A security researcher group called MalwareHunterTeam detected a new strain of ransomware dubbed “MedusaLocker.” Although many infections of the MedusaLocker ransomware have been detected in different parts of the world, the distribution method is not yet known. MalwareHunterTeam originally saw the ransomware spreading towards the end of September 2019 and began studying it. What they discovered was that various startup routines are performed upon install to ready the target computer for encryption. The registry value “EnableLinkedConnections” under the registry key HKEY_LOCAL_MACHINESOFTWAREMicrosoftWindowsCurrentVersionPoliciesSystem is created and the registry value is set to 1. The creators designed it this way to ensure mapped drives can be accessed in the instance of a UAC launched process. The Lanman Workstation service is restarted to check that Windows networking is operating and once again ensure that mapped network drives can be accessed. The next steps for the ransomware are to terminate over 50 processes. This is done in hopes that security programs will be sidelined, and all files are closed, along with wiping Shadow Volume copies, stripping back-ups and deactivating the Windows automatic startup repair. Once the encryption is completed, the ransomware will stay dormant for some time before it continues to scan for more files to encrypt. MedusaLocker copies itself to %UserProfile%AppDataRoamingsvchostt.exe and a scheduled task is added to re-launch programs every 30 minutes. For every folder that has an encrypted file, a ransom note named HOW_TO_RECOVER_DATA.html or Readme.html is included and contains two email addresses as well as payment instructions. It is unknown at this time how much the decryptor costs or if one is even provided. In other news, the MalwareHunterTeam has also found another ransomware strain known as “FuxSocy” and reported on it today (10/24). Binary Defense analysts are actively researching both strains of ransomware to help protect our clients.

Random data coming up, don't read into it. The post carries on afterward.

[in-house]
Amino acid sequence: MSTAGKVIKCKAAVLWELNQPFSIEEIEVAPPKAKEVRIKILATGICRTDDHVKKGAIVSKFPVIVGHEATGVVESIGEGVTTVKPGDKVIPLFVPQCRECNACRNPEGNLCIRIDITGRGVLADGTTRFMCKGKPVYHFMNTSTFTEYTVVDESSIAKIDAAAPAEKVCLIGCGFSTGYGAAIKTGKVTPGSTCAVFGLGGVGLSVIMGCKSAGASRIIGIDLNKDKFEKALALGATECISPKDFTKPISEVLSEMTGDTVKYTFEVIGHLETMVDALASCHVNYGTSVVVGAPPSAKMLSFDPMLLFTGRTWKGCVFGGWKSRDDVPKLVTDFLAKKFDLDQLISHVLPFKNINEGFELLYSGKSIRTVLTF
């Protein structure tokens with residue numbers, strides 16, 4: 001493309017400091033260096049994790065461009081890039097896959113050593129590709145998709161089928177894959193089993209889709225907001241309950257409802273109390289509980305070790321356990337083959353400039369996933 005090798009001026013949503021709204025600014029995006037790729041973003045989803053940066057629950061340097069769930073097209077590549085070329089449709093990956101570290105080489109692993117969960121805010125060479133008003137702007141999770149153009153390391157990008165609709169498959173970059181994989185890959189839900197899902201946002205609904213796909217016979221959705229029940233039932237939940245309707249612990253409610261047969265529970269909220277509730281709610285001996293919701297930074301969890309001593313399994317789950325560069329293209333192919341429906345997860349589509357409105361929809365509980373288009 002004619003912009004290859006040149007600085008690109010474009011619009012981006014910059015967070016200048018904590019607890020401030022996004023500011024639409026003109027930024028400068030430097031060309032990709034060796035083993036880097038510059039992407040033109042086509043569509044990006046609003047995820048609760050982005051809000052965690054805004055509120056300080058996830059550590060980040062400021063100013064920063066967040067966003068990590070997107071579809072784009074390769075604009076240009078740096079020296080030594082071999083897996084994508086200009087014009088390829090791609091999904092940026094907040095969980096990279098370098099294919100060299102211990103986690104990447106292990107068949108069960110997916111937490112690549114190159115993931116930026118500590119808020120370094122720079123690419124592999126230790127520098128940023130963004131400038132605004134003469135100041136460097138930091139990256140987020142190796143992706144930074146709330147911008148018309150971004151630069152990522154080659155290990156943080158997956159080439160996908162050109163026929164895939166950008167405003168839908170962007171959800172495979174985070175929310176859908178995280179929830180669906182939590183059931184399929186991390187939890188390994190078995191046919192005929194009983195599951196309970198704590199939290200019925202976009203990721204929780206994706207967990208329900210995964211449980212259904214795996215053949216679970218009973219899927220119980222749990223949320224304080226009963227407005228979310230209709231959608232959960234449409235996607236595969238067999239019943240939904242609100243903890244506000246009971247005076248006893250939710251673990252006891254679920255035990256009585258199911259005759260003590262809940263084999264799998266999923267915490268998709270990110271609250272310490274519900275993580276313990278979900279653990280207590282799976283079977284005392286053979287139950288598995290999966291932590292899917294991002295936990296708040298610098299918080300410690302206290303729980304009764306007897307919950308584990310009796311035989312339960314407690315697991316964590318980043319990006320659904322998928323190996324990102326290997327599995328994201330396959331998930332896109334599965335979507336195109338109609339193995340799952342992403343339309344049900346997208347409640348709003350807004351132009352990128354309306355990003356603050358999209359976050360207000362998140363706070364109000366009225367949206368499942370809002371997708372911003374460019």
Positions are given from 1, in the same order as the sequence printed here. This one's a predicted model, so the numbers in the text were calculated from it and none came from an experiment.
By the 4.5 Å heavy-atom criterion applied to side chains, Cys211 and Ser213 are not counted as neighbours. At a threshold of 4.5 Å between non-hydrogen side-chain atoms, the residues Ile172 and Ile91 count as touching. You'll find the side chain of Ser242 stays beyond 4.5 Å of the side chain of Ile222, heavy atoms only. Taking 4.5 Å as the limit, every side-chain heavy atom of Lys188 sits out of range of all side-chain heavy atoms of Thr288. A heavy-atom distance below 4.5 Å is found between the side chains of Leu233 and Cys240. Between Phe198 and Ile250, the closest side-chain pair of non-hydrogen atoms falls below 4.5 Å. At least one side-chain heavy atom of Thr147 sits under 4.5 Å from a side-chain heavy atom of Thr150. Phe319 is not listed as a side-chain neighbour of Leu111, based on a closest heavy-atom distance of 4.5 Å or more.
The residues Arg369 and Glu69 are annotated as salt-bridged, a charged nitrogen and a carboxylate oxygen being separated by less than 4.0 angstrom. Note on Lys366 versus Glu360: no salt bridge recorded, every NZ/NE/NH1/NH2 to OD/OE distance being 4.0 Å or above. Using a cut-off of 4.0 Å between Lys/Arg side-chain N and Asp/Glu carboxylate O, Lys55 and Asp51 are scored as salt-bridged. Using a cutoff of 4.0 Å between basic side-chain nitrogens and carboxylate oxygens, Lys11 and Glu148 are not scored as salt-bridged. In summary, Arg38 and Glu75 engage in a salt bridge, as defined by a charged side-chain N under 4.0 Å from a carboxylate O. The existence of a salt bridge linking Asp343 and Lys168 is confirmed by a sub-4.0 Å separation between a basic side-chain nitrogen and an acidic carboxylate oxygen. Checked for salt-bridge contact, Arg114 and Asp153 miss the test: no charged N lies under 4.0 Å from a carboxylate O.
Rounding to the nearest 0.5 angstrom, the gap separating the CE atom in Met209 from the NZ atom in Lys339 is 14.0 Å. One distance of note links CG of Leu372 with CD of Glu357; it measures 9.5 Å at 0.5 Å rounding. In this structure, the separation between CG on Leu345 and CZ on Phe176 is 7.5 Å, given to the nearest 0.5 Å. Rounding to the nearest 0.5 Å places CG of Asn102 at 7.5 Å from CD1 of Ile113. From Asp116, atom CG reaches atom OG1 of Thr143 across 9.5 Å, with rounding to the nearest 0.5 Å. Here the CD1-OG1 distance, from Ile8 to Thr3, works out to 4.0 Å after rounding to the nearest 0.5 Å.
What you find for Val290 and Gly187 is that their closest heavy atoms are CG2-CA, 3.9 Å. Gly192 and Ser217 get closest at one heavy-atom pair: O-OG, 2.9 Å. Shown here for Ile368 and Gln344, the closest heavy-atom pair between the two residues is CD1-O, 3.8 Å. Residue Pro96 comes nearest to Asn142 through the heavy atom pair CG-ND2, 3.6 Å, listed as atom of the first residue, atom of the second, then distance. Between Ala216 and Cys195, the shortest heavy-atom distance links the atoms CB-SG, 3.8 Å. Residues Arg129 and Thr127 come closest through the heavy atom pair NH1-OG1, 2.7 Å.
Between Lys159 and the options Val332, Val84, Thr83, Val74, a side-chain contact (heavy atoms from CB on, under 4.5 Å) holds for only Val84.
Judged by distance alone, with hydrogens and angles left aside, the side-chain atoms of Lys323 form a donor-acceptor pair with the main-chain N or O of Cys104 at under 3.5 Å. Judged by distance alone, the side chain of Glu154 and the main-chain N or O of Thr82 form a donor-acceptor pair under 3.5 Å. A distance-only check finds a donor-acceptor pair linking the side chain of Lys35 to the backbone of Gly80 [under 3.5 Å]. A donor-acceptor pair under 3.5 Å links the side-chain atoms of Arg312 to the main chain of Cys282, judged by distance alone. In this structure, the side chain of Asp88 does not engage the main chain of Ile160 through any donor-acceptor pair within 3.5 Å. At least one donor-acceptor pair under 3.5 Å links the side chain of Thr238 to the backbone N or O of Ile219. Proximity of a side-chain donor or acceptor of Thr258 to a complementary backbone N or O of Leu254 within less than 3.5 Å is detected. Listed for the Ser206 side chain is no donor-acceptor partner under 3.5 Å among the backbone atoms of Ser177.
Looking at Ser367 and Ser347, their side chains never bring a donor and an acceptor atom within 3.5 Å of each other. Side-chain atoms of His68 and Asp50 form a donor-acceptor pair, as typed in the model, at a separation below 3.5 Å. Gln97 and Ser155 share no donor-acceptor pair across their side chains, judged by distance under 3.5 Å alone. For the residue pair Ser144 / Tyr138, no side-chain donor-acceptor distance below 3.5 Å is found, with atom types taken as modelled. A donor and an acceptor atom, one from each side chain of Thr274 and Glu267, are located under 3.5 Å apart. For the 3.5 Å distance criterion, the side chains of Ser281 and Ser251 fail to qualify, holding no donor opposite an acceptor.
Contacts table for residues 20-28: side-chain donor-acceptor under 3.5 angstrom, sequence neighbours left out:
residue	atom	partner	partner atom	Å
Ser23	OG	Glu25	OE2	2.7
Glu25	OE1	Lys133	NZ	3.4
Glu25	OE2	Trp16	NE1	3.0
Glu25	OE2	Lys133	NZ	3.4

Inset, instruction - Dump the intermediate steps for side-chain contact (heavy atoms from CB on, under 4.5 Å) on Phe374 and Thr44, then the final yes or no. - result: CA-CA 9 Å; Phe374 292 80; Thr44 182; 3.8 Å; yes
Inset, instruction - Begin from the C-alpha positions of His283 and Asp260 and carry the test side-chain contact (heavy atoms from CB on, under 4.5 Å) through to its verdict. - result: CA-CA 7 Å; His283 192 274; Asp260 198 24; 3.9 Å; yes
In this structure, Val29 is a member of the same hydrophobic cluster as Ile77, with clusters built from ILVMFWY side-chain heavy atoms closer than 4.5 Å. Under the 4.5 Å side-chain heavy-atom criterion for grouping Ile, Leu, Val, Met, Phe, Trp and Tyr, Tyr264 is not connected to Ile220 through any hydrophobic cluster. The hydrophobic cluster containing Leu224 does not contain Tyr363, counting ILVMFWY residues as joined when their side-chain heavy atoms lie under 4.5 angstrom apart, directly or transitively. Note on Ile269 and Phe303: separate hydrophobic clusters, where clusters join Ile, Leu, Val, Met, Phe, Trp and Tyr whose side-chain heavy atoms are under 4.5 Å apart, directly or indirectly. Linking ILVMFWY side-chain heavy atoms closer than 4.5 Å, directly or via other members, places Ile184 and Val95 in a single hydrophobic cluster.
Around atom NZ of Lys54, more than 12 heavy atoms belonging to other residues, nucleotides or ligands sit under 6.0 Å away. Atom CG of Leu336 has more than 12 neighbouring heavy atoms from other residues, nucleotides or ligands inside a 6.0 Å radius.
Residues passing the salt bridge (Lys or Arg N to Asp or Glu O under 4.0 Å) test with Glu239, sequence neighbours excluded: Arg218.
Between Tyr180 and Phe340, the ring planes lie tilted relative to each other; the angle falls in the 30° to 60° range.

Secure back-ups of important files should always be kept in case of a ransomware attack. An incident response plan should be in place to help recovery processes if and when systems are compromised. Endpoint detection systems are also a great way to protect companies and individuals from further damage. Binary Defense Vision is a great option when considering defense-in-depth strategies to combat ransomware. Our system will detect ransomware or attacker behaviors early to ensure that the infection from one computer is not spread to the rest of the network.